Luke McCarvill, hailing from Cornwall, PEI, is currently in his final year at UPEI’s Sustainable Design Engineering program. The Cadre had the opportunity to sit down with Luke to delve into his background and gain insights into what it takes to be considered for the prestigious Rhodes Scholarship.
The Rhodes Scholarship is a distinguished award offered to international students to pursue graduate programs at the University of Oxford, United Kingdom. This esteemed scholarship presents 100 seats to academically excellent students from around the globe.
From an early age, Luke harbored a passion for a diverse array of subjects including biology, chemistry, physics, mathematics, and social sciences. Initially aspiring to pursue pharmacy as a career, he enrolled in UPEI’s Chemistry program upon entering university.
During a summer vacation in high school, Luke participated in the Shad program at Dalhousie, engaging in various activities such as science, entrepreneurship, and design challenges. This experience led him to realize that engineering encompassed far more than his childhood perception of simply building bridges, sparking a newfound interest in engineering design. Motivated by this realization, Luke made the bold decision to transition to engineering after completing a semester of studying chemistry.
As part of UPEI’s study abroad program, Luke seized the opportunity to study at Arizona State University for a semester, where he actively participated in the sport of frisbee. Upon returning to UPEI, he founded the Ultimate (Frisbee) Club, serving as a platform for UPEI students to partake in the sport and now holds the position of President of the club.
Engineering At UPEI – A Regret?
Initially, Luke experienced regret about choosing UPEI for engineering, as he had initially been drawn to biomedical engineering but found himself directed towards the Sustainable Design program. Additionally, he was disheartened by the absence of a Co-op program within UPEI’s engineering curriculum. However, his initial regrets dissipated as he continued to excel within the Sustainable Design Engineering program, unlocking a multitude of opportunities such as participating in conferences across Canada and Japan, securing a work term in Germany, establishing the Ultimate (Frisbee) team, chairing the engineering society, and embarking on a semester-long study abroad program as part of UPEI’s Study Abroad initiative.
The Application Process:
The application window for the Rhodes Scholar opened in June with a deadline of September. Luke was required to furnish six references (three academic and three non-academic), a resume, transcript, and a 750-word personal essay detailing his vision for decarbonizing the energy grid.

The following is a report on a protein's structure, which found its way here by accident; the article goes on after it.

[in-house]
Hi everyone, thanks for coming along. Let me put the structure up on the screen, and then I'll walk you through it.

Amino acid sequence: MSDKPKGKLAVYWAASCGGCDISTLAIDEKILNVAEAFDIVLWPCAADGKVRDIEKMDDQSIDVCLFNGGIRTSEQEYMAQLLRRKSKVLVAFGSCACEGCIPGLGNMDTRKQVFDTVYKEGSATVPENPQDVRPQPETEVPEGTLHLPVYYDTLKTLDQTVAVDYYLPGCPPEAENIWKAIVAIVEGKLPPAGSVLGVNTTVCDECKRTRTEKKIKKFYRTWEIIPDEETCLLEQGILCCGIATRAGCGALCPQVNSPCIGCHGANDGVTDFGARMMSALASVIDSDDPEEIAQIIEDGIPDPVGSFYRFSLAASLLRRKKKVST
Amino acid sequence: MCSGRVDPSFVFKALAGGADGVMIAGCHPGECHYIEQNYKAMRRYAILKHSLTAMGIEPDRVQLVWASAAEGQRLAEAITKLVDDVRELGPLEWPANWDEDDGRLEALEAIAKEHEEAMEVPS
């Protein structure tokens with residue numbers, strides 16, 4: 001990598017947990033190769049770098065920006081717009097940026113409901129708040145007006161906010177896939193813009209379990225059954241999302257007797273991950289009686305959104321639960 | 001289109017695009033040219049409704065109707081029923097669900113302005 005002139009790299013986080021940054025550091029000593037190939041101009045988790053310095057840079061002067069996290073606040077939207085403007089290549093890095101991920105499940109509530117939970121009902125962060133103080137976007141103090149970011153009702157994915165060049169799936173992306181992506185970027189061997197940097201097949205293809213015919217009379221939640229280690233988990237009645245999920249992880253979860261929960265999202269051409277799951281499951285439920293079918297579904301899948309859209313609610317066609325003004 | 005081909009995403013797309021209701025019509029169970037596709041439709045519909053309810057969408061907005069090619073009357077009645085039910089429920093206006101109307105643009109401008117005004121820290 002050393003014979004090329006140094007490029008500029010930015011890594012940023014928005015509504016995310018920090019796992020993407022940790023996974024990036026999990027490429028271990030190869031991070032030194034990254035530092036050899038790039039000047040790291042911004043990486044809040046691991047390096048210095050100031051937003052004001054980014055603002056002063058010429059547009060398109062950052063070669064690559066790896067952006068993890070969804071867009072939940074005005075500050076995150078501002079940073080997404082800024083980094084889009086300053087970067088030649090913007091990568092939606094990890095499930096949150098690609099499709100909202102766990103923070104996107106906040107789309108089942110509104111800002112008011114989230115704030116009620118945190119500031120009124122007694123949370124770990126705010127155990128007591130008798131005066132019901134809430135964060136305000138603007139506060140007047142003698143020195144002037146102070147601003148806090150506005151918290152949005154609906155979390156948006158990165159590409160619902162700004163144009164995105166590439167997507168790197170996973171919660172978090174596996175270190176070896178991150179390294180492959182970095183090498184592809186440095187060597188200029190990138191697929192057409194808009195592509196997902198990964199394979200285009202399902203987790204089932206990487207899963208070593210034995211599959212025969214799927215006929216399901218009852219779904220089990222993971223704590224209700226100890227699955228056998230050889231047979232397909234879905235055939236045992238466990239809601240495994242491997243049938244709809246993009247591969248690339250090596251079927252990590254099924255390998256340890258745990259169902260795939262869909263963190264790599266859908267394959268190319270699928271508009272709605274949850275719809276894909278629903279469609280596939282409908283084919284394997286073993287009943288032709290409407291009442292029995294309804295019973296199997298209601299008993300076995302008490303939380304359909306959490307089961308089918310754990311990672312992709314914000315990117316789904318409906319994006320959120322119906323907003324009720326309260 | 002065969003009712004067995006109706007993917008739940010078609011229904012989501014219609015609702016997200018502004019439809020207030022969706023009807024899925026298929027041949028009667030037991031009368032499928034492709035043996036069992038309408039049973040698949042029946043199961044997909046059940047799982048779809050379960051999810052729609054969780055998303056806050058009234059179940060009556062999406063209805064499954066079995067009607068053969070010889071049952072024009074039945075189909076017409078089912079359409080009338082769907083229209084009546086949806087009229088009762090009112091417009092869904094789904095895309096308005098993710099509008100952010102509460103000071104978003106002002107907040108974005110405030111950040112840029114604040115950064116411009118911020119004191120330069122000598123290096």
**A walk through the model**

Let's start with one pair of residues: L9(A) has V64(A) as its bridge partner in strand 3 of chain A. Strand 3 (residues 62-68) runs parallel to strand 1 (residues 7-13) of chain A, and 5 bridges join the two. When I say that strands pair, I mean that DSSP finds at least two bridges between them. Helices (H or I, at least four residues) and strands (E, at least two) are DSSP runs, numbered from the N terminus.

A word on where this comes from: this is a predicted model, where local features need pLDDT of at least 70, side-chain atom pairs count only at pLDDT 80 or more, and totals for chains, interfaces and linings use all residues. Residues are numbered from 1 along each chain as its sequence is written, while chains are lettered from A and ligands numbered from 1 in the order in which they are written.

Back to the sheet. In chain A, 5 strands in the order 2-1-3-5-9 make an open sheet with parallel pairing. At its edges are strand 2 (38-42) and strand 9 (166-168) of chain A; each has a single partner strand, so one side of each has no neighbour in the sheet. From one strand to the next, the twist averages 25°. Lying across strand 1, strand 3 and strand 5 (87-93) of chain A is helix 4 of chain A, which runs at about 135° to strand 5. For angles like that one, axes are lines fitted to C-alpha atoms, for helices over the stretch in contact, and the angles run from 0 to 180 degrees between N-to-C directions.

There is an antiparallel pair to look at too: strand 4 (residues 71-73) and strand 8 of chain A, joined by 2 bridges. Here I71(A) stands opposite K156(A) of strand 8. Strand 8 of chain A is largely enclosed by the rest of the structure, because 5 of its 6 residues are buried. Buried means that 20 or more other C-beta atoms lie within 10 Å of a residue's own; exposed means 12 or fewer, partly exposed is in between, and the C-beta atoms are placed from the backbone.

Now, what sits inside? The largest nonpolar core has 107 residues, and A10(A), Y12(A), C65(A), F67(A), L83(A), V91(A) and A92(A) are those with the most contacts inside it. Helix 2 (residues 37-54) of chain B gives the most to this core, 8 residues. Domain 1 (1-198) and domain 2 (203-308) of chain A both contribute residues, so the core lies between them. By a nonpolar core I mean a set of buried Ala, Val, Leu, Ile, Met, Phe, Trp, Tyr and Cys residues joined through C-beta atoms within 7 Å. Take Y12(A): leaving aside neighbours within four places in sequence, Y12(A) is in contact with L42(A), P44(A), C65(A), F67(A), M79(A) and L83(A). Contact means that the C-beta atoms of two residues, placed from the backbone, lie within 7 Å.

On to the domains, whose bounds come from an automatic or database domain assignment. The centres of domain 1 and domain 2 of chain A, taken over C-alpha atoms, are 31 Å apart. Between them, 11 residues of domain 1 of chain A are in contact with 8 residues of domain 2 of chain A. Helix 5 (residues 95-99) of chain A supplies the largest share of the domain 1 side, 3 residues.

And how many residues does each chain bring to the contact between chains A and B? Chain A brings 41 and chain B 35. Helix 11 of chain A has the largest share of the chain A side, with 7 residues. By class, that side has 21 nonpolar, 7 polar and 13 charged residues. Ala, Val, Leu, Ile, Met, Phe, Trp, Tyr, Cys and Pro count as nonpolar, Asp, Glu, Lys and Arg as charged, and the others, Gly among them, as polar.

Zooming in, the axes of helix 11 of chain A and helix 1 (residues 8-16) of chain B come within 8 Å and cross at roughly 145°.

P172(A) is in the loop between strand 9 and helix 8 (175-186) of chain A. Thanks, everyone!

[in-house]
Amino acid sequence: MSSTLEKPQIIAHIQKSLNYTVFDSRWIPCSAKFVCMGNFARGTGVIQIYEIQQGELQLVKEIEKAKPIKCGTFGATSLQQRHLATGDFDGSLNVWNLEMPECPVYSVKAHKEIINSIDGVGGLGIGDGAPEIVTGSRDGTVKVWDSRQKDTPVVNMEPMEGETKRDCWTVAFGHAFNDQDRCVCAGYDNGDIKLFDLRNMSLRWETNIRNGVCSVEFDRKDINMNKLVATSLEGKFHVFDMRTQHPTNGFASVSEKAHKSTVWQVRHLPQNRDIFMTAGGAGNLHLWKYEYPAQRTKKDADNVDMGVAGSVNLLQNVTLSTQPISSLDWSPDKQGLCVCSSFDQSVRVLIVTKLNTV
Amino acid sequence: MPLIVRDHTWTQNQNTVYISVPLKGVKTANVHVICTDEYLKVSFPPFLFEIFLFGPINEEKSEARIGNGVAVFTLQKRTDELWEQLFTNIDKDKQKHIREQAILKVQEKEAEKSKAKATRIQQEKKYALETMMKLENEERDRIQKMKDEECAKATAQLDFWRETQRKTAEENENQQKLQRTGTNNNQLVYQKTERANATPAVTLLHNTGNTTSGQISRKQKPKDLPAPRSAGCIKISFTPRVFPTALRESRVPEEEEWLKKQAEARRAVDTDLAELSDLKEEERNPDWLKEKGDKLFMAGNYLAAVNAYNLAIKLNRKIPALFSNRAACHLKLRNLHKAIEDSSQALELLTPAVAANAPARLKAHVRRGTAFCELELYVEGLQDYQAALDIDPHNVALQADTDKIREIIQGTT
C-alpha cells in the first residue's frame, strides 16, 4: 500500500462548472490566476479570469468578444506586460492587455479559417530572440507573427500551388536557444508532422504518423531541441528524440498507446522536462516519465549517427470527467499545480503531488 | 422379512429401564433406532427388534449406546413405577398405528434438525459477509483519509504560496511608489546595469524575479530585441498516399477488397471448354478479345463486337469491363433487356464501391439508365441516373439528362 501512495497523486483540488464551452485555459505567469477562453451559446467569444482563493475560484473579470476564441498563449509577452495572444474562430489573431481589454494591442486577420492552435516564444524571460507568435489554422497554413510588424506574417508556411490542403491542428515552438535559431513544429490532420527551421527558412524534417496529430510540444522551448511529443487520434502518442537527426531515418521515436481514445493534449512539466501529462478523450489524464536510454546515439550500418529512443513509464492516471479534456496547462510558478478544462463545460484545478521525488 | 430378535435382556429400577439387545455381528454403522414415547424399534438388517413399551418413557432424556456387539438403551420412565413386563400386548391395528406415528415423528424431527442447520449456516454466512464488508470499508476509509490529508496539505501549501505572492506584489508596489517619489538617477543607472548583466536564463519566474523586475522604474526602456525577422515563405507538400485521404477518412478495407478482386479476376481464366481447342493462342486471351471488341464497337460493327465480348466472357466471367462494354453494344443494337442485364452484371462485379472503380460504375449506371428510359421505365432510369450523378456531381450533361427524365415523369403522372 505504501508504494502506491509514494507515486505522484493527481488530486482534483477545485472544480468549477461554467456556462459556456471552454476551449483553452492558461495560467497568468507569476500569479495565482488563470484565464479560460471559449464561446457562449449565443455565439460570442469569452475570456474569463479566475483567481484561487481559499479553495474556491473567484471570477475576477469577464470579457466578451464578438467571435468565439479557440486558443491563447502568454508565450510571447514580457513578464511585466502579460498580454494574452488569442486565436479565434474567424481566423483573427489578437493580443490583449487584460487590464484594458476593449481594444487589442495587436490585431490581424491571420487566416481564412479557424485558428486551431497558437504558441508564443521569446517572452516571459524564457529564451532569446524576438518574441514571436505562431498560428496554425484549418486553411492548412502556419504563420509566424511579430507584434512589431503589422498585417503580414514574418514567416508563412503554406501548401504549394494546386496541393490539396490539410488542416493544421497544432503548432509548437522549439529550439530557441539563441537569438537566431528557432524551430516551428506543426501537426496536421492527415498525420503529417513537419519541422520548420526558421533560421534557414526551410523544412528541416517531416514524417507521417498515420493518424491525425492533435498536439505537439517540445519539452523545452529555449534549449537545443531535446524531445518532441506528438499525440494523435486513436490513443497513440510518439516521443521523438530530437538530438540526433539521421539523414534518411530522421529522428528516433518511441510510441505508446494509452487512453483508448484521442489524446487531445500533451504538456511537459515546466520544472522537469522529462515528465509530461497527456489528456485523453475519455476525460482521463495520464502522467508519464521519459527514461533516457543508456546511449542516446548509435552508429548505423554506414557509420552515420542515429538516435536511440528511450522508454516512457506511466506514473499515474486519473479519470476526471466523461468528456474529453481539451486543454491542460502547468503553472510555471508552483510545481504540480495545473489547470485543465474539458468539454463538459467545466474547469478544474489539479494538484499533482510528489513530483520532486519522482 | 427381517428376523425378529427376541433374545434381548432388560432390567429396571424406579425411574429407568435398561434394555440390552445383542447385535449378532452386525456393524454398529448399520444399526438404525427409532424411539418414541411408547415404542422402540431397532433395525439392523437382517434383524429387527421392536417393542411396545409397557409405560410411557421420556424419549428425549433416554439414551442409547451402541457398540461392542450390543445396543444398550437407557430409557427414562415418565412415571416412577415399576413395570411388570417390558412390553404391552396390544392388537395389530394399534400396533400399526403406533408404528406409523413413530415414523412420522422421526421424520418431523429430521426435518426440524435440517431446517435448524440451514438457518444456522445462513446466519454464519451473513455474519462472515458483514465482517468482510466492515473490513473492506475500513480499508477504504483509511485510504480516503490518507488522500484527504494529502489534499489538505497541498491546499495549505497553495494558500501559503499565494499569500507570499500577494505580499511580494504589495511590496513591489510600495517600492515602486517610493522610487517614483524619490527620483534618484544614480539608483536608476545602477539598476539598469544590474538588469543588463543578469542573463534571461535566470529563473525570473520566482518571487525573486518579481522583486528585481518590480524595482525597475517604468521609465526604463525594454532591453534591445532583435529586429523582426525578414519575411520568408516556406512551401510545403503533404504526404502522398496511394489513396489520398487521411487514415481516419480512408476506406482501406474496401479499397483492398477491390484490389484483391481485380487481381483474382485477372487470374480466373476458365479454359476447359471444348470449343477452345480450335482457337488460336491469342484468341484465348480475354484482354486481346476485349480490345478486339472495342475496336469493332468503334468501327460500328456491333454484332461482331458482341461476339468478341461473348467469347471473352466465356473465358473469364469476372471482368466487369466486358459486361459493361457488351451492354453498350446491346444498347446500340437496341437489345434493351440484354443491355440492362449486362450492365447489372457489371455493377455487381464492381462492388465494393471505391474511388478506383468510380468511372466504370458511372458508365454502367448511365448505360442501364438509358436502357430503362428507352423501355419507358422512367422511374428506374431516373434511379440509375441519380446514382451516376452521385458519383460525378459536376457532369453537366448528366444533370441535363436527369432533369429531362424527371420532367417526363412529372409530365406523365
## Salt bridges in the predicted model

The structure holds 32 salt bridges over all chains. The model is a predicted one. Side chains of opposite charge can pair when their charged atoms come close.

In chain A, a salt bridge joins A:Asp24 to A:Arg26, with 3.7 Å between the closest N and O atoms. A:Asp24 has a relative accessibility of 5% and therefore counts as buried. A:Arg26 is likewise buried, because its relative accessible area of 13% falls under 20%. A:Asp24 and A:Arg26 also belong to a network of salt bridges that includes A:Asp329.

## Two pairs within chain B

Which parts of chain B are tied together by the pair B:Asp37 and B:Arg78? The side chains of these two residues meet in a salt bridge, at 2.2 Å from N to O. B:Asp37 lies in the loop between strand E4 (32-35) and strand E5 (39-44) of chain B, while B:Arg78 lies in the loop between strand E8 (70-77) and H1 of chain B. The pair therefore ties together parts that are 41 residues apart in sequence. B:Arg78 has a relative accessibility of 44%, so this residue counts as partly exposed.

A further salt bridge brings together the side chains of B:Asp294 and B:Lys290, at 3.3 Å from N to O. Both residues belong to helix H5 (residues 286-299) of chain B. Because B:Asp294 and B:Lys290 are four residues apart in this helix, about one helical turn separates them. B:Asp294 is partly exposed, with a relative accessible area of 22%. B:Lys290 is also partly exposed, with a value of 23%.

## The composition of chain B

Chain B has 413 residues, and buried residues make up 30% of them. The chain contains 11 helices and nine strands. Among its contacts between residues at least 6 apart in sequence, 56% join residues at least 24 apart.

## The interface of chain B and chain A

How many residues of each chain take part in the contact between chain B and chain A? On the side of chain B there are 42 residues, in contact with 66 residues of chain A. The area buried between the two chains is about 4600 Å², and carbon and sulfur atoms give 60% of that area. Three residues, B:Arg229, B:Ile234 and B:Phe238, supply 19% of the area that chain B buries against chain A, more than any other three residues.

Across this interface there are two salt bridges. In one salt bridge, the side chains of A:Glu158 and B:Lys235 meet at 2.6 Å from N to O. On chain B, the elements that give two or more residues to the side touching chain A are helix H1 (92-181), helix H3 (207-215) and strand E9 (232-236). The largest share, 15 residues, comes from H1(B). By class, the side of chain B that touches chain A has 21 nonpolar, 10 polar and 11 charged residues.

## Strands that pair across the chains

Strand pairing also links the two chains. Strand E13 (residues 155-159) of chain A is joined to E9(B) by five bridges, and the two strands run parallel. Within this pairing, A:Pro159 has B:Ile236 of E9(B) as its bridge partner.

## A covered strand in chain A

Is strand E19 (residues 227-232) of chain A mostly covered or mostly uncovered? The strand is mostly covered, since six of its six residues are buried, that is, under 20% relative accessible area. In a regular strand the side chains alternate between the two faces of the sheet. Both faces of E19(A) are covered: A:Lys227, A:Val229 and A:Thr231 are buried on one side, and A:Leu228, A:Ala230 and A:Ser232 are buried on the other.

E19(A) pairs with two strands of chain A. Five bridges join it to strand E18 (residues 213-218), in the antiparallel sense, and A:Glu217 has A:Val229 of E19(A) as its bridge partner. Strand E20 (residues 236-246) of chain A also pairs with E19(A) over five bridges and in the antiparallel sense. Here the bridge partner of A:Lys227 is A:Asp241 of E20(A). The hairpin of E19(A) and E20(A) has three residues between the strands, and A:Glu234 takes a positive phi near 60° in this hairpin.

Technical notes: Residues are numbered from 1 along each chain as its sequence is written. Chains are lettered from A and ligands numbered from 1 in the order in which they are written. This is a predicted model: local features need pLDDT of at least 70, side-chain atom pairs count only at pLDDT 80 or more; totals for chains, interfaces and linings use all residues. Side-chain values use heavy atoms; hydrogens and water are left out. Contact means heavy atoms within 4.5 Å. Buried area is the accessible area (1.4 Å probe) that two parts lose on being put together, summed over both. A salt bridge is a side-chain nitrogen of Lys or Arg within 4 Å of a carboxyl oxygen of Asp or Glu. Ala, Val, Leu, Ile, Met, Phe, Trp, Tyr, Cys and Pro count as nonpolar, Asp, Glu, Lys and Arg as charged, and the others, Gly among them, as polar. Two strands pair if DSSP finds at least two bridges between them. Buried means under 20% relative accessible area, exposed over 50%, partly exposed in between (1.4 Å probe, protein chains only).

Confronting Impostor Syndrome:
Throughout the application process, Luke grappled with feelings of unworthiness for the Rhodes Scholar award, particularly after meeting other shortlisted applicants in Moncton. Despite his reservations, Luke navigated a 75-minute interview with the judges and ultimately emerged as a Rhodes Scholar. The judges sought eager learners rather than subject matter experts, thus Luke’s candidness in admitting when he was unfamiliar with certain topics proved to be an asset.
The Crucial Role of the Personal Statement:
Luke attributes his selection as a Rhodes Scholar to his meticulously crafted personal statement, underscoring the significance of authenticity and transparency. He dedicated the entire summer to drafting a personal statement that authentically reflected his past achievements and future aspirations, recognizing the judges’ ability to discern between mere braggadocio and genuine passion for one’s field.
Luke emphasizes the pivotal role of interviews in the scholarship decision-making process, noting that the judges seek socially adept, humble, and authentic individuals who are forthcoming about their achievements and career aspirations.
Tips For UPEI Students:
Luke shared some advice for UPEI students who want to get the most out of their university experience:
- Graduate school might or might not be a necessarily step for you. Based on your career aspirations, you might or might not need graduate school. Do your research, seek advice from people in your industry.
- Keep strong and healthy relationships with your professors. Not only will they be your references, but also serve as mentors in the trajectory of your goals.
- Try to get involved. Join a volunteer organization, a student society, or a sports club. Getting involved as much as possible enriches the university experience and enables you to make new friends.
By Syed Imran